They say that all questions regarding government boil down to freedom versus security. If so, then somehow, Morton Downey Morgan, Jr. has stumbled into the existential question on government. No wonder Morgan recoiled like Dracula seeing a cross when Ben Shapiro proffered him a copy of the Constitution:
As Dale Franks of the Qando blog responded to the Time-Warner-CNN-HBO spokesman on Twitter, “Crime. Potholes. Fires.” And bedbugs, and snow removal. Which is yet another reminder of why Nanny Bloomberg was the eponymous inspiration for Victor Davis Hanson’s “The Bloomberg Syndrome” in 2011:
It is a human trait to focus on cheap and lofty rhetoric rather than costly, earthy reality. It is a bureaucratic characteristic to rail against the trifling misdemeanor rather than address the often-dangerous felony. And it is political habit to mask one’s own failures by lecturing others on their supposed shortcomings. Ambitious elected officials often manage to do all three.
The result in these hard times is that our elected sheriffs, mayors, and governors are loudly weighing in on national and global challenges that are quite often out of their own jurisdiction, while ignoring or failing to solve the very problems that they were elected to address.
Quite simply, the next time your elected local or state official holds a press conference about global warming, the Middle East, or the national political climate, expect to experience poor county law enforcement, bad municipal services, or regional insolvency.
Obviously, that has applicability far beyond the local level, and can work as a primer on “How to Weaken an Economy,” as VDH writes in his latest essay at PJM:
But don’t despair: there are plenty of ways to slow down even an inherently strong economy. History offers plenty of examples. But as more contemporary models, take your pick of successfully ruined economies — the Venezuelan, the Cuban, the North Korean, the Greek, the Italian, the Portuguese, or pretty much any from Mediterranean Africa to the Cape of Good Hope. There are certain commonalities about why and how they fail. Let’s review some of them.
The state can never be too big. Ensure that it is unaccountable and intrusive, in constant need of more money and more targets to regulate. The more government, the more people are shielded from the capital-creating, free-market system. Think the DMV or TSA, not Apple. The point is for an employee to spend each labor hour with less oversight, while regulating or hampering profit-making, rather than competing with like kind to create material wealth. Regulatory bodies are a two-fer: the more federal, union employees, the more regulations to hamper the private sector. The more federal mandates, like new health-care requirements and financial reporting, the less employers profit and the fewer employees they can hire. Washington should be a growth city, absolutely immune from the downturn elsewhere, a sort of huge and growing octopus head with decaying tentacles. State jobs should be redefined as something partisan — whose expansion is noble and helps the helpless, and whose contraction is evil and the design of a bitter and aging white private-sector class.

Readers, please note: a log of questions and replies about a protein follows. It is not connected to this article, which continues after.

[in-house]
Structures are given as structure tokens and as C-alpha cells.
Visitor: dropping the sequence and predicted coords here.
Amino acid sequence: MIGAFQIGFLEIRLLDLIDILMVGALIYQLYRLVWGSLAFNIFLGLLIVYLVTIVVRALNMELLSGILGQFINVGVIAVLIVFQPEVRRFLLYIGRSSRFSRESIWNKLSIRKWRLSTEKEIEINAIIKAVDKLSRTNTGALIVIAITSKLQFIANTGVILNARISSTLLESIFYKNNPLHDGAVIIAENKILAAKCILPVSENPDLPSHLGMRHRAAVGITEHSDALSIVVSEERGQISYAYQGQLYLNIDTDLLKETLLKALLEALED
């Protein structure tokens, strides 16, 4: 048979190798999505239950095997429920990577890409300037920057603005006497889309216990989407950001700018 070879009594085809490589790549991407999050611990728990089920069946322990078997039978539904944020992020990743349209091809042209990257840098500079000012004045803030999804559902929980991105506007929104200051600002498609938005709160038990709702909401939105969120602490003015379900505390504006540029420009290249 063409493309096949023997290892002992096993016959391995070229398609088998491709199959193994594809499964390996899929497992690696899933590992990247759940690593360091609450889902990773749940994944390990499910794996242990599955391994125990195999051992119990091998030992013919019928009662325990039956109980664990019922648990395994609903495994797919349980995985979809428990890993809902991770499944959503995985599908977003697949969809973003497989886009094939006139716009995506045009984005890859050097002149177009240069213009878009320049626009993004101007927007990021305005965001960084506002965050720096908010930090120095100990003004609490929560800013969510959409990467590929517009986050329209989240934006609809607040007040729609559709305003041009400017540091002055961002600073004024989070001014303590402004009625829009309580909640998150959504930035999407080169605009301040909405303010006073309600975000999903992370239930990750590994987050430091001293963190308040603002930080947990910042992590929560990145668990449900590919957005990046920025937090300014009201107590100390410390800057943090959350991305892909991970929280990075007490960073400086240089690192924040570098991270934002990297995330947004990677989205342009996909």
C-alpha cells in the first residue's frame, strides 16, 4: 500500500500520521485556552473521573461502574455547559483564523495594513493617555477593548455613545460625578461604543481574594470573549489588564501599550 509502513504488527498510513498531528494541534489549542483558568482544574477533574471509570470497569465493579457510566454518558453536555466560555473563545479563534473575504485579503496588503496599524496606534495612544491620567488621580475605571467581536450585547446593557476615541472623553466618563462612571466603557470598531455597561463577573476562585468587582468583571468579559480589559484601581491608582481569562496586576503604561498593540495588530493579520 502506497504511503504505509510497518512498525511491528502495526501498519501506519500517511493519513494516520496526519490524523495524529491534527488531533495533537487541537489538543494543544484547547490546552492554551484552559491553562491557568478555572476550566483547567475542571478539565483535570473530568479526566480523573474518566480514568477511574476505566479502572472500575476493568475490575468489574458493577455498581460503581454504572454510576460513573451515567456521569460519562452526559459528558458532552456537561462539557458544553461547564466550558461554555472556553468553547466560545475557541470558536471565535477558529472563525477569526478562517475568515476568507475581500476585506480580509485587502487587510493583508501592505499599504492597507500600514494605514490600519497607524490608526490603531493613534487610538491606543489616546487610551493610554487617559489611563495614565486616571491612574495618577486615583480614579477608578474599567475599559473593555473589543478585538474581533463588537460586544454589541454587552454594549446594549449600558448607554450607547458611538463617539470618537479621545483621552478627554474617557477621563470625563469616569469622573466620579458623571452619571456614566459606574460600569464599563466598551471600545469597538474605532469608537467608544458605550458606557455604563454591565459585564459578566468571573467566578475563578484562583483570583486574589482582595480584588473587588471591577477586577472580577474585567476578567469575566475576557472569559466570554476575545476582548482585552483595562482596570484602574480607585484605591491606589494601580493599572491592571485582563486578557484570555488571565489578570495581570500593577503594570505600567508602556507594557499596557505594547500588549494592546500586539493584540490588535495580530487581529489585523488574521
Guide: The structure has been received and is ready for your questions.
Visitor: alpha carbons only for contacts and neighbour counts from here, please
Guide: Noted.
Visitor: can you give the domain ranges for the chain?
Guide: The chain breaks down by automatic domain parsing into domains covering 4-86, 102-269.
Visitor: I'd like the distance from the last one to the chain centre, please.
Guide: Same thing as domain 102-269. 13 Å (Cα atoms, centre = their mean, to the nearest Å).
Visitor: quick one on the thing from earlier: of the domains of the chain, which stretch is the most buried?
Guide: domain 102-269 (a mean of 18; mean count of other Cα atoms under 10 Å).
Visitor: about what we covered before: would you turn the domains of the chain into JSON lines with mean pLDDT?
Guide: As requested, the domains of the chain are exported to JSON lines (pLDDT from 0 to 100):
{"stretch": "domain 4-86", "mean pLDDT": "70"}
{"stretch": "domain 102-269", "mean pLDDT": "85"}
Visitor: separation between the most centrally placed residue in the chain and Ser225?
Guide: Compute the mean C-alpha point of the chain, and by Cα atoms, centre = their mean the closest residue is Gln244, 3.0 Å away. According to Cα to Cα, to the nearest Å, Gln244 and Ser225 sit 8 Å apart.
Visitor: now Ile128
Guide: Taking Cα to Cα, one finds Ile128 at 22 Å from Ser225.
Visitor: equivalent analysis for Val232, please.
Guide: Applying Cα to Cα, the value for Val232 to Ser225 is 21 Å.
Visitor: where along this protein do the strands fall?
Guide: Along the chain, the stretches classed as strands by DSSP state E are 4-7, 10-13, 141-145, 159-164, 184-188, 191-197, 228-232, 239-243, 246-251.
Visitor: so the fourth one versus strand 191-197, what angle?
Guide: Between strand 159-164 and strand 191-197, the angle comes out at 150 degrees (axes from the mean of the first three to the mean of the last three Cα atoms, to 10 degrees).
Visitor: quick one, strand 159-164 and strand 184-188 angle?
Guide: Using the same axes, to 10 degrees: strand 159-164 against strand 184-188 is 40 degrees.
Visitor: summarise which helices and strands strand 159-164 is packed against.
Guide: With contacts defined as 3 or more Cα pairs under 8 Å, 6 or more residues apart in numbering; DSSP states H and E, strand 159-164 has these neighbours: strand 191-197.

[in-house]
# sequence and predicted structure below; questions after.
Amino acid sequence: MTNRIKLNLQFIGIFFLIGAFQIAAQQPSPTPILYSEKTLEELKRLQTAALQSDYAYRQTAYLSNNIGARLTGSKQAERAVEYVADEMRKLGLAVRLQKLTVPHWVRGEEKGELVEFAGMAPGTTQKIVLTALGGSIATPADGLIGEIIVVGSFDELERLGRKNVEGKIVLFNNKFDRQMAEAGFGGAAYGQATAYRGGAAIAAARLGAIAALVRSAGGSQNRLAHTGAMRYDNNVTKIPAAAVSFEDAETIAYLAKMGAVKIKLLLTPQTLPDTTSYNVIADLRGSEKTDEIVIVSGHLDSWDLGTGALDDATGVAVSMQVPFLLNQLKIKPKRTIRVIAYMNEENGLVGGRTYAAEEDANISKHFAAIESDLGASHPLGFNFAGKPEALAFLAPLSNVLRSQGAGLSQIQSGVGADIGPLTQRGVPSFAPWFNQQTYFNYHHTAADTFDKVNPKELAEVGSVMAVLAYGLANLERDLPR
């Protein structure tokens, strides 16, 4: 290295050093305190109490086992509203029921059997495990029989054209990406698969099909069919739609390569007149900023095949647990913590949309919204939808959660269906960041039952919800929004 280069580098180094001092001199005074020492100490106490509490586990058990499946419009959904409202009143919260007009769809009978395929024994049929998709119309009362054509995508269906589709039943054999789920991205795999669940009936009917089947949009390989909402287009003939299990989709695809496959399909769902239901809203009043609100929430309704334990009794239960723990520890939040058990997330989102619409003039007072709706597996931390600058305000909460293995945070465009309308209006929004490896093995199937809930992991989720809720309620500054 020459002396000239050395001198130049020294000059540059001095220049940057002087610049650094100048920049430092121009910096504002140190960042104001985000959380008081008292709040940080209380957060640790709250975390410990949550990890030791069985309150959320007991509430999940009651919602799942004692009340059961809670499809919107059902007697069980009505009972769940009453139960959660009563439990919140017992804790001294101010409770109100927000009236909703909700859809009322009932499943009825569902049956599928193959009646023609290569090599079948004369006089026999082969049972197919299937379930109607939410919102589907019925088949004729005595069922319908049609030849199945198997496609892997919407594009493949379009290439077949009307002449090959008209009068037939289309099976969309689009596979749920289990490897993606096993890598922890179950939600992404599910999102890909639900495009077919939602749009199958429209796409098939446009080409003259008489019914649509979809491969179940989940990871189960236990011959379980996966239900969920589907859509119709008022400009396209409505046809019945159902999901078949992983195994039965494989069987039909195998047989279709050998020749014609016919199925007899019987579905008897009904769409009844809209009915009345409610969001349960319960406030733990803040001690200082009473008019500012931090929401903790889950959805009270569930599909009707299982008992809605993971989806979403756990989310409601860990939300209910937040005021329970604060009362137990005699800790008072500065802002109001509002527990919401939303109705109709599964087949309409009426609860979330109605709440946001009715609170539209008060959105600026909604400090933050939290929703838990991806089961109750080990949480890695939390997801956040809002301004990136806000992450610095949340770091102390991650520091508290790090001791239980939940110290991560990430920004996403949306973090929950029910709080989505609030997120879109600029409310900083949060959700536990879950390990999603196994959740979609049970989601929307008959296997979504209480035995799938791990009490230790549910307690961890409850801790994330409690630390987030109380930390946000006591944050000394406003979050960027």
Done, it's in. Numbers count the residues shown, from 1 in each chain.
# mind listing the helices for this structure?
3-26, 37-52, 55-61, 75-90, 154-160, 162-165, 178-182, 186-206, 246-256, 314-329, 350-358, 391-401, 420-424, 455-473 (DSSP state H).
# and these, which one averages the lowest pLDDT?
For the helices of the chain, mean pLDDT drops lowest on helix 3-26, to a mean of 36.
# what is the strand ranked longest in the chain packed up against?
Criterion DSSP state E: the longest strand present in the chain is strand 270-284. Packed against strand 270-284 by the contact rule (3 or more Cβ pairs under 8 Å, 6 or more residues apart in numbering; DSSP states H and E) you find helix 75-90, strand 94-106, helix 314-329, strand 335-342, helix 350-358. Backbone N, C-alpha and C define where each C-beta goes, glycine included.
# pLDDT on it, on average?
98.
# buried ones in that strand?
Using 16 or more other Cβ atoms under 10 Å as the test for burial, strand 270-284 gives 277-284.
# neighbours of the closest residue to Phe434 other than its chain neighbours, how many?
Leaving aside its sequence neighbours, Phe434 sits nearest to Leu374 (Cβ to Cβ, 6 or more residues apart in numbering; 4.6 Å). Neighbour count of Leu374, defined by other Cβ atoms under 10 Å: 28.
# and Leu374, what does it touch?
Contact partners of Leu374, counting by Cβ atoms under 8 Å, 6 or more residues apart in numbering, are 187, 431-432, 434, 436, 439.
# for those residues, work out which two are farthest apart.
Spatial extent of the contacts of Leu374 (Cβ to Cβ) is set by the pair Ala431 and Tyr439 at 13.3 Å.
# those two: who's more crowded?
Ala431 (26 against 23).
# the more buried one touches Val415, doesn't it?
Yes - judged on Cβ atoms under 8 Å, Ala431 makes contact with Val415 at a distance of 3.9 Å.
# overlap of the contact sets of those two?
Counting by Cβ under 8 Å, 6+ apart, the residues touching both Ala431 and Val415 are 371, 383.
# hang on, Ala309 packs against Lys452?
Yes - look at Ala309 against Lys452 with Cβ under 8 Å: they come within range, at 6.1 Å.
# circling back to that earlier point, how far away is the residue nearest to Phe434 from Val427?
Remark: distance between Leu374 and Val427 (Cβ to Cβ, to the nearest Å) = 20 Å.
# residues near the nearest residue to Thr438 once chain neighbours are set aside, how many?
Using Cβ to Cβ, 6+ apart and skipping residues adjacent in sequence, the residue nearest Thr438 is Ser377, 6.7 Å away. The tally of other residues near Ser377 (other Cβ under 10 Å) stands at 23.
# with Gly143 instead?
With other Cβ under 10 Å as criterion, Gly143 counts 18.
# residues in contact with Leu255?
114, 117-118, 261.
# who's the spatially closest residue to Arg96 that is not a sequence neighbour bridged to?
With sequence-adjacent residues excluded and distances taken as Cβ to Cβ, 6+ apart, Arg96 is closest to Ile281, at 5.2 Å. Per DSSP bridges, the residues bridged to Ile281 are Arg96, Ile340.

On the other end of the equation, ensuring 50 million on food stamps, putting over 80,000 a month on Social Security disability insurance, and extending unemployment insurance to tens of millions all remind the jobless that life is not too bad (thanks to the government), and certainly a lot better than working at a “low-paid” job that equates to giving up federal support. To paraphrase Paul Krugman, the more and the longer the jobless receive, the less likely they are to take chances looking for a job. That too might be again a good thing if you wish to slow down the economy. In general, even Arnold Toynbee, a man of the Left, acknowledged that the greedy drive of the scrambling private sector was not as pernicious to civilizations as the collective ennui produced by vast cadres of lethargic and unaccountable public “servants” doing supposedly noble work.
Contrast all of the above with this:
I doubt if he would have personally applied his aphorism to government (or maybe he would, considering he fled from the ultimate nanny state), but Mies van der Rohe was right: Less really is more.
By the way, how will Morgan and other old media journalists respond if the next president decides to advise citizens on the benefits of, say, being pro-life, or marriage before sex, or abstinence? Does the notion that, to paraphrase Morgan above, “If a government official can’t make the populace healthier, what’s the point of his job?” apply to both parties, and/or to those officials who don’t preach the “Progressive” gospel?
Related: “Obamacare’s ‘Extremely Thorny’ Calorie-Count Rules.” Oh, and but of course: “Soledad O’Brien Supports Bloomberg Soda Ban.”